To our surprise, it was not the fiery dish that we’d expected, much to my brother-in-law’s relief and my sister-in-law’s disappointment. The Hatch chiles provided fine flavor again, but they had lost almost all their heat, compared to the first time around. Also, except for those cooking aromas, we couldn’t discern the chipotles at all. That was a pity but, fortunately, not enough to spoil our enjoyment: The ingredients did blend into a good, harmonious stew. At the end of dinner, there were just three chunks of pork left in the bowl.



Pasta with Lentils

This June started with a spate of miserable weather: daily highs 20 degrees below normal for the season and very chilly nights. I had to reinstate my heavy sweaters and turtlenecks, close all the windows, and defer my eager anticipation of summertime meals. I feared we wouldn’t see local corn until August. My only consolation was the chance it gave me to revisit a few good cold-weather dishes that I hadn’t gotten around to making earlier this year.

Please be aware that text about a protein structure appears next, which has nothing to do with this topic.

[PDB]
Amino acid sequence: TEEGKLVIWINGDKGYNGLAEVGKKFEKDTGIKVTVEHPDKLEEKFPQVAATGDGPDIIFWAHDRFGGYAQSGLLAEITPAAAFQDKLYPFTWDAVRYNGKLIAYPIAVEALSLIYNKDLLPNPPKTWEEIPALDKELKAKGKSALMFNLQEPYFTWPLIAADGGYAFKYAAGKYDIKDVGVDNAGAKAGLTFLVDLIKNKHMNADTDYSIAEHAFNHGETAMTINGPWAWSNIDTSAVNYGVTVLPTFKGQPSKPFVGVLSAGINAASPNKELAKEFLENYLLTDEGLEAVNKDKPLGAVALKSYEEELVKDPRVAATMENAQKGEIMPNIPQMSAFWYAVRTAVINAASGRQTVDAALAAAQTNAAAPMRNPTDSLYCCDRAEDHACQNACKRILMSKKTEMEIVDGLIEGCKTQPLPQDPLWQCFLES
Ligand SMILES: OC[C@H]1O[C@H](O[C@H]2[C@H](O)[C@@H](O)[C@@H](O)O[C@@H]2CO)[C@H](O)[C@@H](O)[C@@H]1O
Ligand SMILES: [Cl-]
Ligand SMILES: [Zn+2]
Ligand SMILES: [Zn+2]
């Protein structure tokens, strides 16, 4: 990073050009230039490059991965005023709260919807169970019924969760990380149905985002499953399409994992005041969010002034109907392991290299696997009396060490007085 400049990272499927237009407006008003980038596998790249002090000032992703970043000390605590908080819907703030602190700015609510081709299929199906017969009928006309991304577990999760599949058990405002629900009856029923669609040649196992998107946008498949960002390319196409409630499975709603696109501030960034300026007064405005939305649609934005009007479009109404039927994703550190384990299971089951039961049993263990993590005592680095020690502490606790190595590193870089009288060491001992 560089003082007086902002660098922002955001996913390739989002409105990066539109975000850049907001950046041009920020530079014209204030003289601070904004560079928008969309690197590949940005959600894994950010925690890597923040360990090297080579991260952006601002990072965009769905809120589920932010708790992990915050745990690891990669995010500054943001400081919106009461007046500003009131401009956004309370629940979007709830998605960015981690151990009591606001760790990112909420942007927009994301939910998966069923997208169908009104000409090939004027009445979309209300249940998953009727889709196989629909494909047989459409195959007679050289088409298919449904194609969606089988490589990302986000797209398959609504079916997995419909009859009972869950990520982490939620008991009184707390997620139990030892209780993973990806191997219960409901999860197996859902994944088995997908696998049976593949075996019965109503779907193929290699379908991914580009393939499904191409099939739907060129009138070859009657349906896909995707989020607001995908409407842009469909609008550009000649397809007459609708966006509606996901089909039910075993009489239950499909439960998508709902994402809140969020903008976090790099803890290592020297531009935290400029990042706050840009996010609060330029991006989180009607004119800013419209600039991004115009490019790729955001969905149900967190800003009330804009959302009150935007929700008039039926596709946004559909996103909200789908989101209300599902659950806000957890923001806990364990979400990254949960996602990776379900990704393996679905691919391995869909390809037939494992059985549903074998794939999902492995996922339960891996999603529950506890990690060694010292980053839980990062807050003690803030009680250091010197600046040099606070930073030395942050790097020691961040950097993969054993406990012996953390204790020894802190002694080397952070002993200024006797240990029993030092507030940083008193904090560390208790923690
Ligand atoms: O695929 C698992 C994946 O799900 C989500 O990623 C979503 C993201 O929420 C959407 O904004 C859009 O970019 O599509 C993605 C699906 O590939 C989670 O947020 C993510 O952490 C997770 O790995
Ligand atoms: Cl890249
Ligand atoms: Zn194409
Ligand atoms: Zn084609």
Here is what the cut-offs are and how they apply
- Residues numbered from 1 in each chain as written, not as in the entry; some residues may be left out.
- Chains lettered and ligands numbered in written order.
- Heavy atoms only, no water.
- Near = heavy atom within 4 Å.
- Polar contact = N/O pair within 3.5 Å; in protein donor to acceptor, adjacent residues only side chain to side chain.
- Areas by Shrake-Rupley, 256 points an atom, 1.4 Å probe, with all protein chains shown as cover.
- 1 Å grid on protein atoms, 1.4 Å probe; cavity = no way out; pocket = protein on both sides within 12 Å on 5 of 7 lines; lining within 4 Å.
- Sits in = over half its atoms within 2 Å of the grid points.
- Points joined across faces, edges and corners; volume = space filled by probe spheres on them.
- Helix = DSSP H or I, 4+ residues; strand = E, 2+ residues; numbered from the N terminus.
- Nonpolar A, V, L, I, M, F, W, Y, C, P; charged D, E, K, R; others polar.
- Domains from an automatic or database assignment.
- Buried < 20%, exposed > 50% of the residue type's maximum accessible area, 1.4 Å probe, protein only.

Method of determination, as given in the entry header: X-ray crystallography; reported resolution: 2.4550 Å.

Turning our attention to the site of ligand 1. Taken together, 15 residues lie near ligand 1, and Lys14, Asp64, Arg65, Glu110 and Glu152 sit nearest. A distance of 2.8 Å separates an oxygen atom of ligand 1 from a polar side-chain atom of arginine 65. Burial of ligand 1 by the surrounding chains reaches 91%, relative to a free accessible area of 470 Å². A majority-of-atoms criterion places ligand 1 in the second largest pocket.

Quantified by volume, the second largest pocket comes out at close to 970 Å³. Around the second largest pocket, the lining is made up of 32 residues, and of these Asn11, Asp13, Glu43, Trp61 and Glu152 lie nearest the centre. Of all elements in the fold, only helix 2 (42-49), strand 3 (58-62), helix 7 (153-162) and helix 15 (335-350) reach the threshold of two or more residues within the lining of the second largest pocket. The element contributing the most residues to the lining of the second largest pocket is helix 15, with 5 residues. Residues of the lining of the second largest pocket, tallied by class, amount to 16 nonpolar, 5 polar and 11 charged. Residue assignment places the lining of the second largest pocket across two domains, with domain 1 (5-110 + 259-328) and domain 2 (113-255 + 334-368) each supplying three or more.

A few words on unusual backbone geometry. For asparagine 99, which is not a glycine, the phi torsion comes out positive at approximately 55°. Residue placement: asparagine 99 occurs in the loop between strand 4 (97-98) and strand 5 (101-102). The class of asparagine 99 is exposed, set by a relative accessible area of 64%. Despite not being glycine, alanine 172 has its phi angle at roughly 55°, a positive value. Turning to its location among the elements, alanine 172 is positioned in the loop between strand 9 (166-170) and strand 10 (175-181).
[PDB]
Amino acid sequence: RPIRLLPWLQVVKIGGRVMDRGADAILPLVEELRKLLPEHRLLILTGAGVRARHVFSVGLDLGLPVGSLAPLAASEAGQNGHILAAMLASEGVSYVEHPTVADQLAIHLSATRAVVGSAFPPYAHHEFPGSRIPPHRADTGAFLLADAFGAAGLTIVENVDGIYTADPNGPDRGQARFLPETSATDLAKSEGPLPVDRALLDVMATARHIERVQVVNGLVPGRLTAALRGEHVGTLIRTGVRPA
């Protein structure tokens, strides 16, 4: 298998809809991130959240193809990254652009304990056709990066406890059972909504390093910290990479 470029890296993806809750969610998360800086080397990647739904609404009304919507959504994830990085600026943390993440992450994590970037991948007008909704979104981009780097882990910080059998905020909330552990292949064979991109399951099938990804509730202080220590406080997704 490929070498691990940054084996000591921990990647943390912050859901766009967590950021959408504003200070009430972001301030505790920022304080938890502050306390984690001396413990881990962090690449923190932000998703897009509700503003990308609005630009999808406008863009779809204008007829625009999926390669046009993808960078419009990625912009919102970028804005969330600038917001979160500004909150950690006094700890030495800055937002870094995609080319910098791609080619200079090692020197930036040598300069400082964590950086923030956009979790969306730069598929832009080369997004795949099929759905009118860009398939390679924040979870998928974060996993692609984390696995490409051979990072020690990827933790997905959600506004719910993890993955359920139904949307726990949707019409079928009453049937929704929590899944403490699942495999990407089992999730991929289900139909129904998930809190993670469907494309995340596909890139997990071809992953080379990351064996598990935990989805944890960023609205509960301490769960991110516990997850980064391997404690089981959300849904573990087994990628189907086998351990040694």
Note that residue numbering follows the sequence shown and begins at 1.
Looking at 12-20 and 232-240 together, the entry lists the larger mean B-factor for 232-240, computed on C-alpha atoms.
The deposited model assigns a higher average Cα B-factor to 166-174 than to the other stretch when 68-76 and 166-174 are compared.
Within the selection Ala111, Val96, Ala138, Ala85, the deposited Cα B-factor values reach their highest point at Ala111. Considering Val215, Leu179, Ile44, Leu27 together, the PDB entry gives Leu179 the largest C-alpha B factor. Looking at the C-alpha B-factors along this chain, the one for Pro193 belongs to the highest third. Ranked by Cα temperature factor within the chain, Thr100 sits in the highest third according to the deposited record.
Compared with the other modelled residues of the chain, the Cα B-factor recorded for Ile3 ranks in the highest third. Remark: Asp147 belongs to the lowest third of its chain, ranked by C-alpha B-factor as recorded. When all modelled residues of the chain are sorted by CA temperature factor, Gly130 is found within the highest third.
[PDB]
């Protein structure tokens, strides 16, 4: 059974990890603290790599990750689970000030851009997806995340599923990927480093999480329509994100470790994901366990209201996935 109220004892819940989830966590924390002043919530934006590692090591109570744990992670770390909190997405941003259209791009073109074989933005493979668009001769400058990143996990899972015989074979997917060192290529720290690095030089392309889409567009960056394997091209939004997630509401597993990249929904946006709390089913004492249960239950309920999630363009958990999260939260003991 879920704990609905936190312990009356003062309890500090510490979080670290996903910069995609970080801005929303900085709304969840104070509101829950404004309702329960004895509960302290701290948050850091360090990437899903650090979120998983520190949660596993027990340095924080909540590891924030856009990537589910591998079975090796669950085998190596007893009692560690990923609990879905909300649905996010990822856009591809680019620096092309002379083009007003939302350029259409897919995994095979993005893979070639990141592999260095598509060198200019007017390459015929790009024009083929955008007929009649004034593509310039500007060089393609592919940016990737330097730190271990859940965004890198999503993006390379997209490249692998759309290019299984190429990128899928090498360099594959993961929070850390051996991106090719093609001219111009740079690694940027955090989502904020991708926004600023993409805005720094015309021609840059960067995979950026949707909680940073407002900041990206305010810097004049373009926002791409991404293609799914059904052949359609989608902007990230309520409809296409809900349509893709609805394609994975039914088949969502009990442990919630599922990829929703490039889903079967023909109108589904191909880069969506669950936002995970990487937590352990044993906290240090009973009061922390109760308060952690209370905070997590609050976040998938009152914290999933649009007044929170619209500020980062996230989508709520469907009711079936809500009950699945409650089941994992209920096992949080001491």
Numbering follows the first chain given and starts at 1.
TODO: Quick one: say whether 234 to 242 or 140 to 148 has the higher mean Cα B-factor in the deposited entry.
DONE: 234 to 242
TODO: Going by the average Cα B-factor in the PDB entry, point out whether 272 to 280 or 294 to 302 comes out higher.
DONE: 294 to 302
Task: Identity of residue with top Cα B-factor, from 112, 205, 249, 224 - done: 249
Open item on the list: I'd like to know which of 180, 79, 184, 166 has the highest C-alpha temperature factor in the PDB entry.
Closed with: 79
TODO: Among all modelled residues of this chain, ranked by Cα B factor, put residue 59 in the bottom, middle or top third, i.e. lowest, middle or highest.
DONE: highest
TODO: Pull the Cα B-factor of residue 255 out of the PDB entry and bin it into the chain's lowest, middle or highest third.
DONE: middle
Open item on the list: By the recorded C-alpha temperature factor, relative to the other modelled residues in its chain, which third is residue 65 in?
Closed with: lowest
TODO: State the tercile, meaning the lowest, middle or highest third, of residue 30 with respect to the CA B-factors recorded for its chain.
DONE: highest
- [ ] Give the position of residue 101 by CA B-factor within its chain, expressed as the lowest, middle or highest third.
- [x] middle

Pasta with lentils, from Tom’s and my book The Seasons of the Italian Kitchen, is one favorite. (The recipe is in the “Winter section,” of course: ridiculous to crave this warming, rib-sticking dish in June!) Entirely meatless, it develops rich flavors from the combination of a few simple vegetables and olive oil.

lentil labelFor this recipe – actually, for all my lentil cooking – I like to use small, golden-brown Castelluccio lentils, a prized Umbrian variety. They aren’t easy to find in the US and are relatively expensive, even in Italy. Ordinary lentils are OK in the dish too, though at some sacrifice of flavor. My recipe headnote offers this bit of shopping advice:

Expensive lentils taste better than cheap lentils. With lentils more than any other legume, the price differential between run-of-the-mill stock and premium stock really reflects a perceptible quality difference.

Whenever I’m in Rome I stock up on Castelluccio lentils at Franchi, a wonderful specialty food shop in the Prati district, which is also the one place where I can reliably get my favorite brand of mostarda di Cremona (fruits in sharp mustard syrup) for serving alongside bollito misto – another winter dish that was looking very attractive early this month.


However, I digress. Back to the lentil cooking.